Clinical care at CeDAR involves countless numbers of decisions by our patients and their providers. Which medications will we try? What topic areas will we explore in someone’s life? Sometimes, these areas lead to difficult emotions and anxiety with our patients. It is our job as a clinical team to help patients move at an appropriate pace for their stage of healing and stage of change. For instance, if someone is very hesitant about sobriety, certain medication options may not be well-received. We often use the phrase “meet people where they’re at” to remind us of this principle.
A ‘one-size-fits-all’ approach does not seem to work in trauma recovery treatment. This also does not mean something to the regard of ‘anything goes!’ We have a multitude of recovery paths and options for people. These include medication approaches, different styles of psychotherapy and flexibility for peer support avenues. This principle focuses on listening to our patients and their preferences for their healthcare. It is important to acknowledge some people take this too far, simply rejecting too many effective avenues of recovery. For these individuals, we revert back to principles of basic motivation and raising the question of where they exist on the continuum of change.
Beyond the principles, trauma-informed care likely involves helping build coping skills, improve emotional awareness, practicing mindfulness and wellness techniques, and seeking to prevent relapse or ‘re-wounding.’ Because these topics are so useful to all of our patients, trauma survivors or not, we offer them as part of our core CeDAR curriculum.
Many people achieve satisfactory recovery with these approaches and do not require more advanced therapies for trauma. They are able to use basic grounding skills to work through emotional distress and their relationships are looking more and more stable. For those who do need more intensive trauma healing, we start to introduce some forms of trauma-focused care.
For patients who have some good basic stability, we may start to introduce therapy options for them which would be under the category of trauma-focused care. These involve going deeper into their story and traumatic events, in an effort to achieve a deeper sense of healing. Good treatment is somewhat cautious of these modalities, as they can actually be emotionally provocative to patients. By revisiting the details of traumatic events, some patients can unravel and feel very dysregulated. For those working to recover from substance issues, they often relapse if unprepared for the emotional experience.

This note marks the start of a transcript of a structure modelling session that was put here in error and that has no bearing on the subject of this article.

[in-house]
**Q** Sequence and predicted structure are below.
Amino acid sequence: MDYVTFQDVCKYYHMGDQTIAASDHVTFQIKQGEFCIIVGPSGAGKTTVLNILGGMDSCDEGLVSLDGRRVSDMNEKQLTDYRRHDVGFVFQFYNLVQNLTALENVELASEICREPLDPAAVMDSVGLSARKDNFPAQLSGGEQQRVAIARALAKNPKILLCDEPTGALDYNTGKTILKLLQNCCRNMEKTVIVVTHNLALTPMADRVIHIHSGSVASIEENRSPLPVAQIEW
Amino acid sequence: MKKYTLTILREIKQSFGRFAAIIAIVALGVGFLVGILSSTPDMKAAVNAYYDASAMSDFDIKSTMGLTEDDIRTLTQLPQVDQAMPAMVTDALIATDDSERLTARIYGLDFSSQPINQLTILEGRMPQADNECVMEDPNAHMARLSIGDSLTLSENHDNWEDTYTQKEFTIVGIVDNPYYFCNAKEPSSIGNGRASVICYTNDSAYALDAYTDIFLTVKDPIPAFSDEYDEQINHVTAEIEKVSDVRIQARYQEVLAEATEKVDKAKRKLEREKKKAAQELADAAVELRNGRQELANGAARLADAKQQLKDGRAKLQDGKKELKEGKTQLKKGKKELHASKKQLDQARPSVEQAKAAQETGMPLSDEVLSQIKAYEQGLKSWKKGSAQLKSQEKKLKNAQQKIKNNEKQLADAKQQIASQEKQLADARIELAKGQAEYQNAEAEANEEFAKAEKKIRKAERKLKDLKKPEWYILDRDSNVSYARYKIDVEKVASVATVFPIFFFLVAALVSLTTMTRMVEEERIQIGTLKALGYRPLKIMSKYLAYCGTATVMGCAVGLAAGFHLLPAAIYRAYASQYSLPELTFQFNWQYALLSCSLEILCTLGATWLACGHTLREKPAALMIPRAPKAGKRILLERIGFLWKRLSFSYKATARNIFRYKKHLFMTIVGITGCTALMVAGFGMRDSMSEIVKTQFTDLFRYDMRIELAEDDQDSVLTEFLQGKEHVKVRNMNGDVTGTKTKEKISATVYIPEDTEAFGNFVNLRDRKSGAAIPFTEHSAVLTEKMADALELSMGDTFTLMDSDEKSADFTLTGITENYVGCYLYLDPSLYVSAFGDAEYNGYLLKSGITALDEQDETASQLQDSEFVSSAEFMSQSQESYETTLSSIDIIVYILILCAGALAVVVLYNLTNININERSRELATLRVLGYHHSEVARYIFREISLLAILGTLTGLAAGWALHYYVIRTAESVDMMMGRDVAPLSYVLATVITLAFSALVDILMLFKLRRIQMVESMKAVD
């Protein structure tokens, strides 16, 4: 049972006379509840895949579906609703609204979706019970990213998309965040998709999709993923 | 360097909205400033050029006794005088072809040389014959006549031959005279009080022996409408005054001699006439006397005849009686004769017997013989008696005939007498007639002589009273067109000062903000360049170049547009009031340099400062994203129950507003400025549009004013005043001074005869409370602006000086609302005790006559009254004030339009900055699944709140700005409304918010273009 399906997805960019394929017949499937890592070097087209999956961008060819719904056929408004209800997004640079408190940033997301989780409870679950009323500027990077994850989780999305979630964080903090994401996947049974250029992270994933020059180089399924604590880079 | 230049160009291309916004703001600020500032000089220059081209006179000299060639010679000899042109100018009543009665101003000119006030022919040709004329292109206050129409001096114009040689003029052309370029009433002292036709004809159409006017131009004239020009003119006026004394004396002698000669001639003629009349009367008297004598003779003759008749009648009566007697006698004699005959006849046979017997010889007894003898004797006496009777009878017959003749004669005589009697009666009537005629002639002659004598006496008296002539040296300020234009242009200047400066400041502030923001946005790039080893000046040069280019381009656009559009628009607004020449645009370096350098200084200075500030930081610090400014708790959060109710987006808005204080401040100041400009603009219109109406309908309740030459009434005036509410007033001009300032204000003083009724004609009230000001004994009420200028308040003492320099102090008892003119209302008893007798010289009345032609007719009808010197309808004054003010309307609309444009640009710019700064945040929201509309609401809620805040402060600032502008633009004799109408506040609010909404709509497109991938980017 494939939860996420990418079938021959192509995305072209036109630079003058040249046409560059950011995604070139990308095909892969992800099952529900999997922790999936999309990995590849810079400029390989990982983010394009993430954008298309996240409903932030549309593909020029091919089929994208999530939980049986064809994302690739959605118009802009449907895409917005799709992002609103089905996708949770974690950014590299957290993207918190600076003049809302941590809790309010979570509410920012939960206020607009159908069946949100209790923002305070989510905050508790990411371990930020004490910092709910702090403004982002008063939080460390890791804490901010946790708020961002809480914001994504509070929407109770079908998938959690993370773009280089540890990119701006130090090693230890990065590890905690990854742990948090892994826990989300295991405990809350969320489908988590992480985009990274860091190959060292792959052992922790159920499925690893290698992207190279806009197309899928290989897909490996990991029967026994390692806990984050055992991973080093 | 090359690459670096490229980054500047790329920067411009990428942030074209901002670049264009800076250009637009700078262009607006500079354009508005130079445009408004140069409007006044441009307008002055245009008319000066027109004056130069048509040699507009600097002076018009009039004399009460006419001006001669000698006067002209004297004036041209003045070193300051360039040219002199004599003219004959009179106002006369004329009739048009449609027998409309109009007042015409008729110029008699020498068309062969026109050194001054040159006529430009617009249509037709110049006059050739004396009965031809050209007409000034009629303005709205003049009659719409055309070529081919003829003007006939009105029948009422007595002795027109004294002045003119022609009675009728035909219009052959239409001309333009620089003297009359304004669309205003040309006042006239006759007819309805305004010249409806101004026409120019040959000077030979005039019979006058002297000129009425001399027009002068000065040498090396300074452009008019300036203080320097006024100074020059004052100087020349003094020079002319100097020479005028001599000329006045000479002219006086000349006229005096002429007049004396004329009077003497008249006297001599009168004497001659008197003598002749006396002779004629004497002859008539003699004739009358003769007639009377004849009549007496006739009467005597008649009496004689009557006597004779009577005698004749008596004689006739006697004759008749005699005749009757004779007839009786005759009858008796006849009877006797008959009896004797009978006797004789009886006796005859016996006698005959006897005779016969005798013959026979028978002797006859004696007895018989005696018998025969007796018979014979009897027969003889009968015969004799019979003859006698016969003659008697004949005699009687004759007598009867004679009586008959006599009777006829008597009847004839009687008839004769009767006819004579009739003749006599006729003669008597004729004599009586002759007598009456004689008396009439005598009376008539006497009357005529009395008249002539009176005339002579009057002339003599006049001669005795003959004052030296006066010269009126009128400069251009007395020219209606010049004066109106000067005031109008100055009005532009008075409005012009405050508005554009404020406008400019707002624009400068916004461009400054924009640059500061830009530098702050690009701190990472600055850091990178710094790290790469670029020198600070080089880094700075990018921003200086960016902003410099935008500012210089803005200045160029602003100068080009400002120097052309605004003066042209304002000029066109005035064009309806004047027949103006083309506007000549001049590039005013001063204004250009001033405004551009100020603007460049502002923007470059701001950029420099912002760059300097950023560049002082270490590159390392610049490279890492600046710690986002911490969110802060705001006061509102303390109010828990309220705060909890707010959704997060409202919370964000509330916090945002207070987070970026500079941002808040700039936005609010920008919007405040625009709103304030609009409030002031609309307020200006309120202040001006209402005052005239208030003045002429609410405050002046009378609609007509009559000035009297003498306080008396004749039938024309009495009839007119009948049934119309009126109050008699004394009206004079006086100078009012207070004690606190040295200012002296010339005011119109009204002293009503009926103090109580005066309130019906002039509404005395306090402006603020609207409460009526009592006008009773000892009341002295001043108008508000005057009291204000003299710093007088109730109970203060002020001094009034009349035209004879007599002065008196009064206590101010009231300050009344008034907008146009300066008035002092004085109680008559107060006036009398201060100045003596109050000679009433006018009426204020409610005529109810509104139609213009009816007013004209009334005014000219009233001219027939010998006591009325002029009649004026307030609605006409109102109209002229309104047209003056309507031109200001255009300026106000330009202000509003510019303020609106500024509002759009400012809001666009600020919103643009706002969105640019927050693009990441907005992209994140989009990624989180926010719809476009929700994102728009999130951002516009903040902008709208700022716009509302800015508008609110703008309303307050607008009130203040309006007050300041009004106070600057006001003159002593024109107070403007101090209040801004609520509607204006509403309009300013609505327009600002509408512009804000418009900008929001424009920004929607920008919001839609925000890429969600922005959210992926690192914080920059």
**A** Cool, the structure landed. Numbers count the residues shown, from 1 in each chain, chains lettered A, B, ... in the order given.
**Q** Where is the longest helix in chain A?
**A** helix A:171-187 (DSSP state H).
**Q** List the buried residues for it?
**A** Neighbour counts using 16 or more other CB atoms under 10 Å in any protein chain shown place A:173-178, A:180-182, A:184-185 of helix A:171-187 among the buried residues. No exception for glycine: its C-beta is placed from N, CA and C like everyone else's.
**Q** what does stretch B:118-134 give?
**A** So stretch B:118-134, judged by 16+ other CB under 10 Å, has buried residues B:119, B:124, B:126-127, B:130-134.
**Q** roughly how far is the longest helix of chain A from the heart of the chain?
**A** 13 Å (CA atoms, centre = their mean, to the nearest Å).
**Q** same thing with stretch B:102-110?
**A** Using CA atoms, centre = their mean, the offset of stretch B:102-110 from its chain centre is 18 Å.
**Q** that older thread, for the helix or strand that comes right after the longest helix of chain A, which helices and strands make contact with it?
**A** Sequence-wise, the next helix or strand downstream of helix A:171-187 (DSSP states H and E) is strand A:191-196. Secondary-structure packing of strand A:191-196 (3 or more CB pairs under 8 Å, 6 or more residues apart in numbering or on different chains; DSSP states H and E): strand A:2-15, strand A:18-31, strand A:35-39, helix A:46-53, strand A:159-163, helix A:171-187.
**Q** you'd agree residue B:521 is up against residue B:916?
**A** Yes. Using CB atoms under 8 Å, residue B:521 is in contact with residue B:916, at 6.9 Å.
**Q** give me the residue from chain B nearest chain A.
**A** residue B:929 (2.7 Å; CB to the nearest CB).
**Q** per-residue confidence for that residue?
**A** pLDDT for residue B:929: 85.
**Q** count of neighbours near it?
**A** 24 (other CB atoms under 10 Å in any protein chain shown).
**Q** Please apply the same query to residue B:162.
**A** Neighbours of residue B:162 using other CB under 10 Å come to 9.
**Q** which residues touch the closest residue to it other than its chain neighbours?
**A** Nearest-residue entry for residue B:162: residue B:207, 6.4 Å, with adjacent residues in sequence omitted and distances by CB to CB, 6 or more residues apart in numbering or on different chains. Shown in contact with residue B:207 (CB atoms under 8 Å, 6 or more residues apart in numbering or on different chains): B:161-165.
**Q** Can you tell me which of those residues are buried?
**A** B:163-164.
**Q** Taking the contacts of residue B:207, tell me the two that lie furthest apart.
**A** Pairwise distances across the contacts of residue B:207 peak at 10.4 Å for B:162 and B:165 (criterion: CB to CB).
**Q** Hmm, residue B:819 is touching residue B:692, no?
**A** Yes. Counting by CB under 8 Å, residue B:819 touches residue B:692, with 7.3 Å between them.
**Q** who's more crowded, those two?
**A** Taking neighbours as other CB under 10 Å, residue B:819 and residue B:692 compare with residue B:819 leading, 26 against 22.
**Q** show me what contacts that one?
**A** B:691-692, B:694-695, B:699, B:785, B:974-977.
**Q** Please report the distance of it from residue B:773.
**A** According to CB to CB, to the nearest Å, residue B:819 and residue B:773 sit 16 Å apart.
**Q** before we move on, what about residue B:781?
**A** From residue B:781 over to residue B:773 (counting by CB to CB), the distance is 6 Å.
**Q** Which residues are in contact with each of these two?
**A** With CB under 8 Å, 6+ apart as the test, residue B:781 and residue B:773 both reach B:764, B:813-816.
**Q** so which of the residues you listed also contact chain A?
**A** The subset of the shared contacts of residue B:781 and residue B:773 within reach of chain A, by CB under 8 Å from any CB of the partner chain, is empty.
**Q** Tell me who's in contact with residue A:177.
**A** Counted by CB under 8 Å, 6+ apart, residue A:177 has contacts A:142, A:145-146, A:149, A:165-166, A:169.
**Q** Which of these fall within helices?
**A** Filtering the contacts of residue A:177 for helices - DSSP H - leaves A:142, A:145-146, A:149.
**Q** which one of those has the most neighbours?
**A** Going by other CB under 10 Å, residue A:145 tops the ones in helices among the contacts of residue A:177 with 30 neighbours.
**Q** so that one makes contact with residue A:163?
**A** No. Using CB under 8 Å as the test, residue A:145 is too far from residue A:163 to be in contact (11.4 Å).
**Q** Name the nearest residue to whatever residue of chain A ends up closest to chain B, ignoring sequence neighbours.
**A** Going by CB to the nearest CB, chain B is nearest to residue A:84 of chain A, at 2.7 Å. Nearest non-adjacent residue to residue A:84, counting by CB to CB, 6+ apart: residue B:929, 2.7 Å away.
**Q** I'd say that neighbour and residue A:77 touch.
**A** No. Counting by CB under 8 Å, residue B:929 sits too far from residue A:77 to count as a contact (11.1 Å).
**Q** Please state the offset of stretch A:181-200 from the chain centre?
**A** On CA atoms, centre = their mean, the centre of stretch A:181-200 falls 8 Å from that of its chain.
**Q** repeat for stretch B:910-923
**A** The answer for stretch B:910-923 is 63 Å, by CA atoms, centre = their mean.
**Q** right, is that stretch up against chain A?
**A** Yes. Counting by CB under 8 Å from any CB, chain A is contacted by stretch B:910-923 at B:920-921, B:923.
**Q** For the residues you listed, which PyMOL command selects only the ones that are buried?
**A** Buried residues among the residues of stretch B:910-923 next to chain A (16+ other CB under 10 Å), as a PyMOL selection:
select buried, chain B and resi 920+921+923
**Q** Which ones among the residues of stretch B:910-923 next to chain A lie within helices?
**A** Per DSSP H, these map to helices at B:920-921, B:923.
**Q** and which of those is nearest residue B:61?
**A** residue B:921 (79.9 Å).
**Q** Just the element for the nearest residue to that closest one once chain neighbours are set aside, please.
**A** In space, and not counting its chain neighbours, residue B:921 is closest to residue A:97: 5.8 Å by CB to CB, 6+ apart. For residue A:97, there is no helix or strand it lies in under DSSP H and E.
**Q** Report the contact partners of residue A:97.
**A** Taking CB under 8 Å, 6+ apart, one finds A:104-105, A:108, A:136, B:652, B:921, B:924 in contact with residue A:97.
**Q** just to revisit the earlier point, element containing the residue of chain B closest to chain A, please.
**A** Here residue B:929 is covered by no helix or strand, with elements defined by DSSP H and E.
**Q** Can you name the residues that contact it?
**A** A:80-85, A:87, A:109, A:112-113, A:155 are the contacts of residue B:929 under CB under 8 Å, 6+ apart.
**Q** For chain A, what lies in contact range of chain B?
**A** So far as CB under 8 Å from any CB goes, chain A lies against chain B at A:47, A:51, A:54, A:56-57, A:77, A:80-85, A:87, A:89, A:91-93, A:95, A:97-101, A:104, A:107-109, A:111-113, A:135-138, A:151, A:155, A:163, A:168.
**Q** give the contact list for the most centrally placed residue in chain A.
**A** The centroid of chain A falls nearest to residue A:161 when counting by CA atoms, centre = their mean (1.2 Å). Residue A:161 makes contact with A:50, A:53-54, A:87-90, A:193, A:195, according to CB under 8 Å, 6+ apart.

Examples of trauma-focused therapies include prolonged exposure therapy, eye-movement desensitization and reprocessing (EMDR), and cognitive-processing therapy. Each requires a trained clinician who is comfortable in understanding both trauma healing and addiction healing. Too often, patients find therapists who only understand one or the other and we try to prevent this.
Each of these therapy options involves helping people to move from an abstract emotional position of ‘wounds’ towards ‘scars.’ The events and story of someone’s trauma will never change, but the emotional experience when one thinks about that past can evolve and become less triggering. We seek to help people live a healthy and balanced life today. Those who have effectively worked through areas of prior trauma seem to be more grounded, more emotionally flexible and with a greater sense of resiliency.
If you are receiving treatment for traumatic issues in your past, it can be useful to understand the underlying strategy involved in good trauma treatment. Are you more in a trauma-informed or trauma-focused track? Which is serving you better today? How do your skills in addiction recovery overlap with skills in emotional healing?
Being able to have such discussions with your clinician or team and understanding the principles of your therapy can be very helpful in building trust. This leads to good dialogues about your healthcare and you being a more sophisticated consumer of these services.
Trust. Collaboration. Patient-Centered Care. Elements of trauma-informed services through CeDAR.